NEW YORK (CBS SF/AP) — Some former Wells Fargo employees are suing, while others may be getting their jobs back.
Wells Fargo tells KPIX 5 it created a special rehire-resource team to work with eligible former employees who want to return to the bank. But it may be too little, too late.
Wells Fargo has confirmed that the Securities and Exchange Commission is investigating its sales practices, and revealed that it has almost doubled to $1.7 billion the amount set aside to deal with its legal problems.
The San Francisco-based bank said in a regulatory filing Thursday that a myriad of local, state and federal government agencies are investigating Wells Fargo for its sales practices scandal. That’s on top of class-action lawsuits filed against the bank by investors, its former employees and customers.
On a call with investors, CEO and President Tim Sloan, said, “We’re also assisting former team members who left Retail Banking because they did not meet performance goals and who remain eligible for rehire.”
Consumer psychologist Kit Yarrow talked about the offer from Wells Fargo’s new CEO.
The 5,300 employees terminated for their involvement in creating fake accounts will not be eligible, rather the offer goes to those who were fired for not meeting the aggressive sales goals that led to the fake accounts.
Former employees have filed a class-action lawsuit claiming they were fired or demoted after reporting fraud or refusing to open fake accounts.
Something Yarrow says does not bode well for the bank’s gesture to hire them back.
“It vindicates those that were fired. It doesn’t necessarily say that there is an improvement in a corporate culture if it’s in response to a lawsuit,” according to Yarrow.
Wells Fargo did not say how many employees were inappropriately fired, but says it is instituting new rules to prevent the culture that lead to the scandal.
“I think for those people who thought about leaving but haven’t gotten around to it, maybe this will be justification to hang in there,” Yarrow said.
Wells Fargo said recruiters will help with their resumes, help them navigate the interview process and provide interview coaching and tips.
Due to its mounting legal woes, Wells Fargo is also boosting the amount of money it has set aside for legal expenses from the $1 billion it had set aside as of June 30.
The bank has been under fire since it was discovered that in order to meet extremely lofty sales goals, employees opened as many as 2 million bank and credit card accounts without customer authorization. The company has fired more than 5,000 employees, the vast majority of them lower-level workers.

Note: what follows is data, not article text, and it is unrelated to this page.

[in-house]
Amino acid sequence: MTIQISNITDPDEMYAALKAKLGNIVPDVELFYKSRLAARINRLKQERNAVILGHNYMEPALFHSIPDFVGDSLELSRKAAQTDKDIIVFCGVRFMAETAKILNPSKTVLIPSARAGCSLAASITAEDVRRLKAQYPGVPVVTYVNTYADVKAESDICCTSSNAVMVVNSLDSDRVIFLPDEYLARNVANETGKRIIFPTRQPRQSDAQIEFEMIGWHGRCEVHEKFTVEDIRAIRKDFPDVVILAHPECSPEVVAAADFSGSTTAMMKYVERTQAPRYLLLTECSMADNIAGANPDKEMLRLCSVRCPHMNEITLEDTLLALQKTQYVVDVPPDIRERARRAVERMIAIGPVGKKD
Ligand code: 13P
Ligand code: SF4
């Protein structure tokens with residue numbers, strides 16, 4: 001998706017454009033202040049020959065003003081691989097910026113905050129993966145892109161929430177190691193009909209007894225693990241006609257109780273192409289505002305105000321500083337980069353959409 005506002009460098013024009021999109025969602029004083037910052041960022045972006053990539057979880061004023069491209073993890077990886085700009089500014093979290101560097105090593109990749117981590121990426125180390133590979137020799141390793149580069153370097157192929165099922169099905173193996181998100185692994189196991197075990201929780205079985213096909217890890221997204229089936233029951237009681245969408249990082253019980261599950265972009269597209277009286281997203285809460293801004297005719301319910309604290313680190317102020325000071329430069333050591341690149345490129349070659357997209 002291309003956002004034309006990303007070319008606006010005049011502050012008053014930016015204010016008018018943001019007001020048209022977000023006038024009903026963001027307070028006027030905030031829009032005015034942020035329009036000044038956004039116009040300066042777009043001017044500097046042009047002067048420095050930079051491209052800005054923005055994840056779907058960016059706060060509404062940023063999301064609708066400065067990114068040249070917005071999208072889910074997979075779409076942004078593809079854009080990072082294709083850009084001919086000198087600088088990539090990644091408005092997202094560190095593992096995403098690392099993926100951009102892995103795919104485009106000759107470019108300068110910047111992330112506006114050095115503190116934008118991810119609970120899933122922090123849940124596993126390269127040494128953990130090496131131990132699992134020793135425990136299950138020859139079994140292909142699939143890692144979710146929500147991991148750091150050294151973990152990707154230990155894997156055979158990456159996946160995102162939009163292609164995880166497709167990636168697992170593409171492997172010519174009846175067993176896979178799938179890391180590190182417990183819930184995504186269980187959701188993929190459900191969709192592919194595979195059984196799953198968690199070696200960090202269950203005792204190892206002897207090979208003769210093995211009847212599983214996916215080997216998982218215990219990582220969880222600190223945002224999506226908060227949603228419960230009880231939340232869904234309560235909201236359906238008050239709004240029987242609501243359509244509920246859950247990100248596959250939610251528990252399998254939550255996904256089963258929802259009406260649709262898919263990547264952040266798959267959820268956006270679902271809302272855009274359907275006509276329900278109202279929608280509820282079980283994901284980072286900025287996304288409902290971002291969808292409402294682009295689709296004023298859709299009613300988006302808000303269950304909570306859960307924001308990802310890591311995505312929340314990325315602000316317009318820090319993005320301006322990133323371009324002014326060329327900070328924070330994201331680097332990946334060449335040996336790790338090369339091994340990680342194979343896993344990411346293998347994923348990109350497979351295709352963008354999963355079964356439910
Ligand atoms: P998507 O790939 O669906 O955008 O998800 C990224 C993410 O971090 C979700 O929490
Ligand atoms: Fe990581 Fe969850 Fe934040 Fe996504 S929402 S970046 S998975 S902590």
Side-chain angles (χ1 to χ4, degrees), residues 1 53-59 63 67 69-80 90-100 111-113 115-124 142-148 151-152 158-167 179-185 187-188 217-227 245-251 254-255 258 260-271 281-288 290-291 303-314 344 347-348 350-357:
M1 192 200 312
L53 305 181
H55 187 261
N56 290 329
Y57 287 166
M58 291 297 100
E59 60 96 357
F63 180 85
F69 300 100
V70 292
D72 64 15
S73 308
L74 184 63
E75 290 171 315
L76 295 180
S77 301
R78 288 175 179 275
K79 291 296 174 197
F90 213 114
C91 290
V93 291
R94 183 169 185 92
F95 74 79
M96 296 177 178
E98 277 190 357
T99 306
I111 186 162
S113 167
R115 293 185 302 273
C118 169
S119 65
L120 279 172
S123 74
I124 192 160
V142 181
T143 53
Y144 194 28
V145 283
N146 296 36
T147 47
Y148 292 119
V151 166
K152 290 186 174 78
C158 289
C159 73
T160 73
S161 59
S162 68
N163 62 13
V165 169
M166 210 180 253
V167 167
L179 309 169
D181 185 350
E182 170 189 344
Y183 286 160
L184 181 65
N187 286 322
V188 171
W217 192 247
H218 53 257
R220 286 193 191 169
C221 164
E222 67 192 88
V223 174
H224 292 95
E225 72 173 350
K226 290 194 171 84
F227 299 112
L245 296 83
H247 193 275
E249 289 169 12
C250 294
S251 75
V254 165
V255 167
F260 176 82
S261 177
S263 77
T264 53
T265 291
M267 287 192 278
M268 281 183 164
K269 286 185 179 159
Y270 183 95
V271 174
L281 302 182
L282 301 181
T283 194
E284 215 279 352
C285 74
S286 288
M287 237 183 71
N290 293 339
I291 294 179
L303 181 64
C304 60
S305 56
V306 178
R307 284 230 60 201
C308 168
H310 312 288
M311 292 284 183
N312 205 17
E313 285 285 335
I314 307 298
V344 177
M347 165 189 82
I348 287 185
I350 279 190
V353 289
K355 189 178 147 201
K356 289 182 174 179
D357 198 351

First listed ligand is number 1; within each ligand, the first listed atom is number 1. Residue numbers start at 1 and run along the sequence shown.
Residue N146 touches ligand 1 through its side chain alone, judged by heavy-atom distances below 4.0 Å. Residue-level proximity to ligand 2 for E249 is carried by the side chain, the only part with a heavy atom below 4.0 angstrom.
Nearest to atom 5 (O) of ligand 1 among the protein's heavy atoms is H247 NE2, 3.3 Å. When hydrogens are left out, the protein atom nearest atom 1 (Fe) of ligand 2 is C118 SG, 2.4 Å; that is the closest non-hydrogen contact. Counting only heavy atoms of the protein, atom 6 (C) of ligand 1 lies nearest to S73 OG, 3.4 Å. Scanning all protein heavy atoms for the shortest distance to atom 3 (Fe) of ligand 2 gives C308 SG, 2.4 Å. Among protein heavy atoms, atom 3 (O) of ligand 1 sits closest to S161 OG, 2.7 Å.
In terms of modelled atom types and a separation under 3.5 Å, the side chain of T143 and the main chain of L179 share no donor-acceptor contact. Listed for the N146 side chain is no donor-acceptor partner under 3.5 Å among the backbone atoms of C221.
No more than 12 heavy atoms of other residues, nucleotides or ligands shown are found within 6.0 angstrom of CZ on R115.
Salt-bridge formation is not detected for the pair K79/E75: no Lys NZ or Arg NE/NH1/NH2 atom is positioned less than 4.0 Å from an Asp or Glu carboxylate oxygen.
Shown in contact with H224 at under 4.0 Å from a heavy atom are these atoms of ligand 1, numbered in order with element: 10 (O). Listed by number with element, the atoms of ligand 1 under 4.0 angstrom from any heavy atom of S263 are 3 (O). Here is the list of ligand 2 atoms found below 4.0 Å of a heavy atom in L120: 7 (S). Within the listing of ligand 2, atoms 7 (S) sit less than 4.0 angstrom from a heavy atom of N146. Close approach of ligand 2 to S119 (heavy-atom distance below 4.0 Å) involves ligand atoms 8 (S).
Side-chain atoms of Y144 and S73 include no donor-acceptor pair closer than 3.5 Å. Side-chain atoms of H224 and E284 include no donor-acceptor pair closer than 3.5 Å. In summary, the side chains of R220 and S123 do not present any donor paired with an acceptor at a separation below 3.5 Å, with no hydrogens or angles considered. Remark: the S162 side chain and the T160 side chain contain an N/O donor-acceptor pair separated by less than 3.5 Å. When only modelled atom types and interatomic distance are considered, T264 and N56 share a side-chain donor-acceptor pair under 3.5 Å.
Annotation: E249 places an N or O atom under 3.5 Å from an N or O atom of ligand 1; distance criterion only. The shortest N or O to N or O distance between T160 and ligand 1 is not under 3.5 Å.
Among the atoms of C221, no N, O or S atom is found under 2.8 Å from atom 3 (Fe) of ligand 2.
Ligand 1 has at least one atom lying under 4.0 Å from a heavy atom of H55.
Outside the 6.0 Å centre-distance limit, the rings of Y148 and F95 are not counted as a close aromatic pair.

The biggest scandal in the bank’s 164-year history forced the abrupt retirement last month of its CEO, John Stumpf, after the board reclaimed $41 million in compensation. The company named as its new CEO Tim Sloan, who has made fixing the bank’s reputation his top priority.
Sloan held an “all-hands” meeting with employees last month where he apologized directly to the bank’s front-line workers. Wells has also launched an advertising campaign to apologize to customers. The bank is also fighting off angry politicians, both Republican and Democrat, who in a tense election year have make an example of Wells Fargo.
“I know there is a lot we need to get right and team members throughout the company are focused on doing the hard work that is necessary to restore trust in Wells Fargo,” Sloan said in prepared remarks at an investor conference in Boston on Thursday.
Sloan said Wells will also now provide updates on the activity inside its branches on a monthly basis. When Wells reported its third-quarter results last month, there were some early signs that customers were pulling back their business with the bank. Wells reported double-digit percentage drops in bank account openings, as well as declines in bank branch traffic. Wells employees have said, since the scandal, that they are sometimes spending their entire work days closing customer accounts.
While acknowledging the decline in branch traffic, Mary Mack, the new head of consumer banking at Wells, told investors Thursday that “It is still too early to gauge the longer term impact on these business trends.”
But the bank’s legal woes clearly are nowhere close to being over. Along with the disclosure about the legal issues regarding its sales practices, Wells also disclosed it is in talks with state and federal regulators over its practices tied to the housing bubble and subsequent financial crisis. Known as the Working Group of the Financial Fraud Enforcement Task Force, it is the group of regulators that have been reaching multibillion settlements with major financial companies like Bank of America, JPMorgan Chase and Goldman Sachs.
Wells Fargo shares rose 19 cents, or 0.4 percent, to $45.43 in midday trading Thursday.
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